By Egena Sunday Ode
The Federal Executive Council on Monday approved the award of N3.23 billion contract for the purchase of customised narcotic detection screening systems, with remote and dual view for the international airports of Abuja, Lagos, Kano, Port Harcourt and Enugu.
The equipment when installed would save Nigerians the embrassment of being frisked at airports under the pretext of screening.
Minister of Aviation, Festus Keyamo, disclosed this to newsmen while briefing them on the outcome of the Federal Executive Council (FEC) meeting.
The minister described as untidy, a situation whereby all manners of agencies, including Customs, NDLEA, Immigration and EFCC among others would insist on screening passengers at the airport separately.
On the approved memo which his ministry presented to FEC, Keyamo said: “It’s what Nigerians will be interested in because, since I came to office, we have been inundated with complaints of the harrowing experiences that passengers go through at the airports where they have to physically search their bags. I’m sure you all know about that and it’s been really getting under the skin of Nigerians.
“You’ll see various agencies lined up; NDLEA, they’ll say open your bag, Immigration, they’ll say open your bag, Customs, they’ll say open your bag, EFCC, they’ll say open your bag, and they will dip their hands in your bag. So we thought we should do something like you have the TSA in America, where you have detection machines. So when they pass your bags throuhg the machines, they detect explosives or any other thing and that’s the end of the search.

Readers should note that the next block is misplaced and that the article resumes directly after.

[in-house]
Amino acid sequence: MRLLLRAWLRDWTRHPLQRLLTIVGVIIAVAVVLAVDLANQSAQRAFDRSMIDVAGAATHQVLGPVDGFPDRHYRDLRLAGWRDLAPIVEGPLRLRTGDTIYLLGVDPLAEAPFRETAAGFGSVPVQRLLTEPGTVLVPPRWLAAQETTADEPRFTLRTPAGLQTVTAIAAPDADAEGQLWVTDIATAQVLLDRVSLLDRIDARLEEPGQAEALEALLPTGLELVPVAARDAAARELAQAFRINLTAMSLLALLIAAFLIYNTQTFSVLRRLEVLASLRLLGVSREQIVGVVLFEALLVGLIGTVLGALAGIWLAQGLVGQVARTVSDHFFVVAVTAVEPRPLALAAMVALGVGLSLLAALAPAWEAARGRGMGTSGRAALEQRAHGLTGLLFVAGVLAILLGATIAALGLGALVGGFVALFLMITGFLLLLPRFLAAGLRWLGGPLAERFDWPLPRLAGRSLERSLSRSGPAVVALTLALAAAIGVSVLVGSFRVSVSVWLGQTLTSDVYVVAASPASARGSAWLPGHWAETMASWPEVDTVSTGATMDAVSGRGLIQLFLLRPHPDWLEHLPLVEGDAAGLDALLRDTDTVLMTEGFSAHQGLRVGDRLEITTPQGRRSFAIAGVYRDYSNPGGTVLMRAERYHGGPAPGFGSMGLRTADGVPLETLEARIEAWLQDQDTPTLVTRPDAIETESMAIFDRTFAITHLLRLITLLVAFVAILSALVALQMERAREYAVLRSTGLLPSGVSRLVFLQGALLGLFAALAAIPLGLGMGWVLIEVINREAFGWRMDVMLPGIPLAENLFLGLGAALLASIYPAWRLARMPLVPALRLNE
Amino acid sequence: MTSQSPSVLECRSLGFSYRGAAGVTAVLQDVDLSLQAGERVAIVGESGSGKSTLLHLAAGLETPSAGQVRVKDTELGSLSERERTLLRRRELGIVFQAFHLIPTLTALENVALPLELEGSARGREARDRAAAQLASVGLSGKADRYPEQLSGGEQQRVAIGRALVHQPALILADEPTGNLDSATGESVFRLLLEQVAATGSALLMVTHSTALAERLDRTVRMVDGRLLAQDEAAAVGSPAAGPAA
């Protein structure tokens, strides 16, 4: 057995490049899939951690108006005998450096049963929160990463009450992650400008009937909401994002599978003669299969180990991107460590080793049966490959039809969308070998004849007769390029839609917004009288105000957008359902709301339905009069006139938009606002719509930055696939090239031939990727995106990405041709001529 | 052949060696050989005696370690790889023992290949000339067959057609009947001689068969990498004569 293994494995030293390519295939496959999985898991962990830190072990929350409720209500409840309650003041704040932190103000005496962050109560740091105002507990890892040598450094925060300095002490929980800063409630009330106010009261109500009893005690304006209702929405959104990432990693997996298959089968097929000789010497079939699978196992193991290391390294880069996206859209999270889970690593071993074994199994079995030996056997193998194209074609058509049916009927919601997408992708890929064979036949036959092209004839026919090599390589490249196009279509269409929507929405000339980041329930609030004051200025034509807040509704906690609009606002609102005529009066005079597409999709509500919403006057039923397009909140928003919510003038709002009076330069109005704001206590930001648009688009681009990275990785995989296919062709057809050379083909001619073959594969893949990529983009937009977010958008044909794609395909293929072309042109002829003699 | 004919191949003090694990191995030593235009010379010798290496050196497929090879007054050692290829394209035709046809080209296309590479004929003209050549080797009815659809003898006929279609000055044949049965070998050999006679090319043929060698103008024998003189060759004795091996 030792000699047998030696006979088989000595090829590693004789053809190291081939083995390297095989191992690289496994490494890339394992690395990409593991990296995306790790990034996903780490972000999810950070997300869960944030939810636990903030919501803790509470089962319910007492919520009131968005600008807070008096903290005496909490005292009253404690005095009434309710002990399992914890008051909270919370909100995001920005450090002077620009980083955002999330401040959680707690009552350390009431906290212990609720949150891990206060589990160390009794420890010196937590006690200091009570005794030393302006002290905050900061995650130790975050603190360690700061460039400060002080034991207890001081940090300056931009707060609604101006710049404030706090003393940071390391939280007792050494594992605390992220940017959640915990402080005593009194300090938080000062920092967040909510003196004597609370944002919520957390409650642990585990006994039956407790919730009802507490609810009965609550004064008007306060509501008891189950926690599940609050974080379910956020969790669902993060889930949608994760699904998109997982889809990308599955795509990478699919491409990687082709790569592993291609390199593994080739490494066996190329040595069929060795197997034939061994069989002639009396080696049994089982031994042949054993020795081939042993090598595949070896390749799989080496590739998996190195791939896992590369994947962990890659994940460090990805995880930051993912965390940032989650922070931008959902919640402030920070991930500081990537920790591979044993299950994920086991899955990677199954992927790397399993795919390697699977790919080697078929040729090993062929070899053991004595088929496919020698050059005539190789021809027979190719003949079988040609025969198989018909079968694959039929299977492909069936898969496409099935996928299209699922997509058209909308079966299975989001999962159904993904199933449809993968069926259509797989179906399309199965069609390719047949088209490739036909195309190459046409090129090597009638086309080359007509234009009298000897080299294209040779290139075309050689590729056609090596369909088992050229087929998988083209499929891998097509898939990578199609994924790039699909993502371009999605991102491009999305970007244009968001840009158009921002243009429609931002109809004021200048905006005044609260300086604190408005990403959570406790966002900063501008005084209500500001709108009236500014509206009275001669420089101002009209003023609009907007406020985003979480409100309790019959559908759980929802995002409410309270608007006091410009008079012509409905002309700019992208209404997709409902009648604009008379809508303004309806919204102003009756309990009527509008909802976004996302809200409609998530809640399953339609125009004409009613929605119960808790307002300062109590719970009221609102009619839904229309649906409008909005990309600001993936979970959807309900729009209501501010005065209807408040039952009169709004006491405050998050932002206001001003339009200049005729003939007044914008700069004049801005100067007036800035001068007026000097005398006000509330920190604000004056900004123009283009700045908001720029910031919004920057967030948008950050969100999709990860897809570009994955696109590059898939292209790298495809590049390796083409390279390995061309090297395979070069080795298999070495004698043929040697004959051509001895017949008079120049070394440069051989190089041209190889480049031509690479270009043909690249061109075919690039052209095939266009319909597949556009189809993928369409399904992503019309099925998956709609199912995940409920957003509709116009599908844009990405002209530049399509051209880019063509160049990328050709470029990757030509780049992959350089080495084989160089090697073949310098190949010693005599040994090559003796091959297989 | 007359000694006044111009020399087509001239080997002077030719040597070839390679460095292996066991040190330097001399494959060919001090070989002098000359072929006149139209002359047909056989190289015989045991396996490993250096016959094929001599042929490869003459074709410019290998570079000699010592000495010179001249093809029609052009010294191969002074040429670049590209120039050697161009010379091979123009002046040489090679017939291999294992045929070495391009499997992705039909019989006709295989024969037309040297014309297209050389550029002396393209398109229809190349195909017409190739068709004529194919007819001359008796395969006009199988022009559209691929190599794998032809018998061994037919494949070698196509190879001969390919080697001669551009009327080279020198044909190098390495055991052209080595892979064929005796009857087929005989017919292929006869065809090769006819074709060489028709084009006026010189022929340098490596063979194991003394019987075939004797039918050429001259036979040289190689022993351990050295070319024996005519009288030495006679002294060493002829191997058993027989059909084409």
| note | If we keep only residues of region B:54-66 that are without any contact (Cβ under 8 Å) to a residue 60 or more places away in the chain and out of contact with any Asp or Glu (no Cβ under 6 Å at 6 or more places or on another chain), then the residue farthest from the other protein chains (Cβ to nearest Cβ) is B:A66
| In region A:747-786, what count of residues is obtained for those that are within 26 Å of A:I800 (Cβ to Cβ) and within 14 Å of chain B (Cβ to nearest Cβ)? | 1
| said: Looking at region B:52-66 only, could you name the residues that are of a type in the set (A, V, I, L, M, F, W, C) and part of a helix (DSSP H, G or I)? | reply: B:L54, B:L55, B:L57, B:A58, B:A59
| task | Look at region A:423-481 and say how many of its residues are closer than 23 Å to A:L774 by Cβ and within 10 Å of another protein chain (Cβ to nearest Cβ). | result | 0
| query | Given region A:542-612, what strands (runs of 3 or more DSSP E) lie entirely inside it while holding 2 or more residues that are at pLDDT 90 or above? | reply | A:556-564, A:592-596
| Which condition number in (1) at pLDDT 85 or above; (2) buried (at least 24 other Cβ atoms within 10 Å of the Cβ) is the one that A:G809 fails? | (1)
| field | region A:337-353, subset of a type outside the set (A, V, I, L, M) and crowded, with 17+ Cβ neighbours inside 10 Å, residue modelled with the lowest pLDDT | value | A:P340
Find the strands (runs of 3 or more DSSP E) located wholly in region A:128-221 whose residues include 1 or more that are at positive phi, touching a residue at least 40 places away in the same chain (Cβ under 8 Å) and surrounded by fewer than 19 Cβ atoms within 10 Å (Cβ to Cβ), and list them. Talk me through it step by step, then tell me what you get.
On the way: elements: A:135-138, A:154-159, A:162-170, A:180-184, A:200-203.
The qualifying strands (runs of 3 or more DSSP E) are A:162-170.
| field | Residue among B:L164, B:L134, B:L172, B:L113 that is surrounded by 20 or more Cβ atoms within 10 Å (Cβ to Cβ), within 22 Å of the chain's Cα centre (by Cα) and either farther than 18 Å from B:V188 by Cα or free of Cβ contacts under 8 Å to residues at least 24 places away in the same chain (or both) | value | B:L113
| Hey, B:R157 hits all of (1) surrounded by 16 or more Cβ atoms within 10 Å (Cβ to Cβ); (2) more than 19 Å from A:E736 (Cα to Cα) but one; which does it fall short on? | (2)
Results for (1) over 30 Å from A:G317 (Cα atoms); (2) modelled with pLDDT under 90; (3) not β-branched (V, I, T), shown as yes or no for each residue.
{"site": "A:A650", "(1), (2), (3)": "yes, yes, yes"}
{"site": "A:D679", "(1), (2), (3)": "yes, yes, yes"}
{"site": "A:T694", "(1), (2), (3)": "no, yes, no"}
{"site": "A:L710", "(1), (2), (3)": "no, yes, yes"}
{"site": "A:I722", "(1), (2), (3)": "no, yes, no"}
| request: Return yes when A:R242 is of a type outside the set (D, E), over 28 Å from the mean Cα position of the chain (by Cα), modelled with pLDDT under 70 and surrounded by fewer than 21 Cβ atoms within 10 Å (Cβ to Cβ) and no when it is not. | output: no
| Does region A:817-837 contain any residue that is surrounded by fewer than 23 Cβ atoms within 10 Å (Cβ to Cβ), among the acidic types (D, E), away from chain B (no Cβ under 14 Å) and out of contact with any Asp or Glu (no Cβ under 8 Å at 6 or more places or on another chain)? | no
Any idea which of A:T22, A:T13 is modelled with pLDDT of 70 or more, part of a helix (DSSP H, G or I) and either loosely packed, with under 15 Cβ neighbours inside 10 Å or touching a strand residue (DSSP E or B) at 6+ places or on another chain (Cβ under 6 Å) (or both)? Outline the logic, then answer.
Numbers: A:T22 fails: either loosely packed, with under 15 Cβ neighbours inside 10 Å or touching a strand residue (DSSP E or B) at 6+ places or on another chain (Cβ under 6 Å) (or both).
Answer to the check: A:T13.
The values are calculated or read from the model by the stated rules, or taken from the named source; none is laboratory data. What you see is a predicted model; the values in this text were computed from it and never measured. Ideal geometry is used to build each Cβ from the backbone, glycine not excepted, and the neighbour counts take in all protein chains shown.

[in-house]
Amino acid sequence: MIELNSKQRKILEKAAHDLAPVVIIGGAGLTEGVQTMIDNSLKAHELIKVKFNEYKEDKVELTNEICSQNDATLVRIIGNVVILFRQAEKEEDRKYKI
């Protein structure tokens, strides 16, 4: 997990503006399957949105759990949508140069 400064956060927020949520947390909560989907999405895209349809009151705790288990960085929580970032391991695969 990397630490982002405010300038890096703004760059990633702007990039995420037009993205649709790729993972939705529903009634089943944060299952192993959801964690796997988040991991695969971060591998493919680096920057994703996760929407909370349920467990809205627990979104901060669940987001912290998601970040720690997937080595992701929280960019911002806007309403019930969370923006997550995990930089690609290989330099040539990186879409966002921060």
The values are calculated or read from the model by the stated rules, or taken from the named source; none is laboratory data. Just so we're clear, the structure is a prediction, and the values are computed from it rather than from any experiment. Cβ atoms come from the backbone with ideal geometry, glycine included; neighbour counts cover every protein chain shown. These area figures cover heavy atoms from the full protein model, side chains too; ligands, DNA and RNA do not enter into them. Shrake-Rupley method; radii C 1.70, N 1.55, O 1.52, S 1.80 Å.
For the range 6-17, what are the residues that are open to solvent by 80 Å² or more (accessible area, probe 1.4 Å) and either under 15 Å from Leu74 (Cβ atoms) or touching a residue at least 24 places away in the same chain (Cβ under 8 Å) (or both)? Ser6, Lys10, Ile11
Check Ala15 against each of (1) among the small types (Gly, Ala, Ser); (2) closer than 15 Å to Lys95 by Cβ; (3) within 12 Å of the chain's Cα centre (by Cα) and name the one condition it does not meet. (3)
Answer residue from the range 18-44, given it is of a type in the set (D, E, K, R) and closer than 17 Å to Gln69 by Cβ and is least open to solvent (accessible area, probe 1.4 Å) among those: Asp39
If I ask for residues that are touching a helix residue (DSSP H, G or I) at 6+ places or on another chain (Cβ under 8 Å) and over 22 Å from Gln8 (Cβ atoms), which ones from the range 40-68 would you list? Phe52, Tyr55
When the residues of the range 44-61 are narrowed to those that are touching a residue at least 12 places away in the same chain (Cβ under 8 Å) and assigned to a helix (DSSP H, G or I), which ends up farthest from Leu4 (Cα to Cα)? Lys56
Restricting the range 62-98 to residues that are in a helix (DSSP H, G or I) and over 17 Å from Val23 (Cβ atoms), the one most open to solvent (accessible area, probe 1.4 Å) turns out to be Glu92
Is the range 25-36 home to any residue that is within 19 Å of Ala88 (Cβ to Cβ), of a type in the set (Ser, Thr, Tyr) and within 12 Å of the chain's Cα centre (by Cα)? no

“So it’s for the approval of the award of contract for the supply and installation of customized explosive and narcotic detection screening systems, with remote and dual view for the international airports of Abuja, Lagos, Kano, Port Harcourt and Enugu.
“Luckily enough, the Council saw the need for this kind of equipment in order to relieve Nigerians of such experiences and it was graciously approved by Council.”
He disclosed that the Aviation ministry also presented a memo on the signing of a Bilateral Air Service Agreement (BASA) with the Republic of Guyana, a South American country.
He said although the agreement predated the present administration, government had chosen to implement it in view of the anxiety of the South American country to have direct flights to Nigeria.
“We have entered into an agreement with Guyana and they have been very anxious to have direct flights from Guyana to Nigeria. This agreement was entered way back in 2014, with the administration at that time, but you understand that international agreements, which are treatises, don’t come into force until their internal processes are completed in both countries.
“Our own internal process here involves a process of ratification of treatise, so if I go out and sign an agreement with a country now, it doesn’t come into force, it doesn’t bind my country, until I come back and then it goes through a process of ratification by the relevant authorities.
“In some cases, where you have to now domesticate it as a law, it goes to the National Assembly to pass into law, in line with the provisions of the constitution. In some other cases, it is just the executive that ratifies. In this case, it does not need domestication, doesn’t need legislation, it only needs the ratification by the executive, which was done today. So that is for the memo regarding the bilateral service agreement with the Republic of Guyana,” the minister said.